Top ballet dancer goes out on her own
“As a dancer myself, it doesn’t make any sense that I couldn’t remember the dance moves at the end of the performance. It was only 35 minutes long, but it was like watching a film, not a ballet. I could remember the story line but not the movements. That really shocked me. I guess I was just drowned in the beauty and the emotions of Marguerite,” Kim said.
More than 10 years have gone by, and the ballerina said she never forgot about that day. Finally, after withdrawing from her position as prima ballerina in June, she is bringing the legendary piece to Korea for the first time next month.
“Marguerite and Armand” is a 1963 piece by renowned choreographer Frederick Ashton. The British artist created the ballet based on the 19th-century novel “The Lady of the Camellias” by Alexandre Dumas for legendary dancers Rudolf Nureyev (1938-93) and Margot Fonteyn (1919-91). Since the two dancers’ death, the piece was recreated by Guillem in 2000 - the version Kim saw in London.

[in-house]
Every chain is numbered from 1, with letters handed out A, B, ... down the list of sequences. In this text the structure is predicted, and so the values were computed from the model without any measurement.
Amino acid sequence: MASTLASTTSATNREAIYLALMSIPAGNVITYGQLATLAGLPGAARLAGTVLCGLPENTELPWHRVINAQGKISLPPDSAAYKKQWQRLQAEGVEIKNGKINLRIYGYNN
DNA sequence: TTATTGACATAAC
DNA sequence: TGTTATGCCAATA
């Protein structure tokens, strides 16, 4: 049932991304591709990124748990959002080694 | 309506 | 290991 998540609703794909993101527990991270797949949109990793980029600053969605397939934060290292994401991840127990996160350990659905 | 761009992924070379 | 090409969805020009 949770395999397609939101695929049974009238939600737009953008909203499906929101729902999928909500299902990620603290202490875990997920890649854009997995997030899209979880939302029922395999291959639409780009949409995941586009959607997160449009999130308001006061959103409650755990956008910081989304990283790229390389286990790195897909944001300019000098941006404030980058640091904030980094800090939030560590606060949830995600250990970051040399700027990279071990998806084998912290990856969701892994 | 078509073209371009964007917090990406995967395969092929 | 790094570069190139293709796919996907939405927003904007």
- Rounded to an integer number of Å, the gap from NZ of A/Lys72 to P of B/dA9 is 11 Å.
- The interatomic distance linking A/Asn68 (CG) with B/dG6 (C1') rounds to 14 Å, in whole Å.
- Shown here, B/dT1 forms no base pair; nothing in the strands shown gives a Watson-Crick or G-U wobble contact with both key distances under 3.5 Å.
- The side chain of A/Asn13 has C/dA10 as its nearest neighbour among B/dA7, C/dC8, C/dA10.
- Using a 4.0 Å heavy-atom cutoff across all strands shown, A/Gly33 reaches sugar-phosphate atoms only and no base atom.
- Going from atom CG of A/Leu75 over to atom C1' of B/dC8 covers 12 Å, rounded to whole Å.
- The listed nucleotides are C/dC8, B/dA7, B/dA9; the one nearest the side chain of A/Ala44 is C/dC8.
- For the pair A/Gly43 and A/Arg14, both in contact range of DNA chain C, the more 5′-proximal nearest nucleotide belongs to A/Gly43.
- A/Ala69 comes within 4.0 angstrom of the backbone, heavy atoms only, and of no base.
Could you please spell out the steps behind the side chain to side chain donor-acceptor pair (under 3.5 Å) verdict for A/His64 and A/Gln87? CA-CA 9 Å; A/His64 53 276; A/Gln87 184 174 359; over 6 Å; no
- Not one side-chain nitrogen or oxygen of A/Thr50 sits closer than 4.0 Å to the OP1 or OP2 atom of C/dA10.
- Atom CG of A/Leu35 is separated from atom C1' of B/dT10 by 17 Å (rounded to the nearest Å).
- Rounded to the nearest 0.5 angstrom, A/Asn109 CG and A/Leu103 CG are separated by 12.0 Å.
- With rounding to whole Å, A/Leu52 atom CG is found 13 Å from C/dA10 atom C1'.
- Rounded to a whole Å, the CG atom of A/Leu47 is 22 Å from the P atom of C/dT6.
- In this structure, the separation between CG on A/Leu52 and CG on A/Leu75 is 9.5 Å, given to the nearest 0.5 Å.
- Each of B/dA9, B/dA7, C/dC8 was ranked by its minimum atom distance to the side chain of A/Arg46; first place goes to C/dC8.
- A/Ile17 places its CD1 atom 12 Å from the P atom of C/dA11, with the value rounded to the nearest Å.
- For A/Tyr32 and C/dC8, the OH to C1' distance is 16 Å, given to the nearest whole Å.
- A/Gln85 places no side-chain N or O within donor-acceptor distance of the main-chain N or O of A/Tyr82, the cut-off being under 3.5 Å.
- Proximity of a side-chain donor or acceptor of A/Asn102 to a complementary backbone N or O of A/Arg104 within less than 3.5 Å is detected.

“For more than 10 years, the piece hovered above my head. I decided to give it a try and ask for permission to perform the piece from the Royal Ballet, which has its copyright, although I knew that many ballet companies and ballet dancers get rejected,” said Kim in a recent interview with the Korea JoongAng Daily. “I was so honored when the Royal Ballet gave me the permission to perform the piece.”
To receive permission, Kim had to send her profile, list of awards and video clips of her performances as well as information on her partner for the piece Kim Hyun-woong, who is currently with the Washington Ballet. Kim is the first Asian ballerina to be given the honor of playing Marguerite.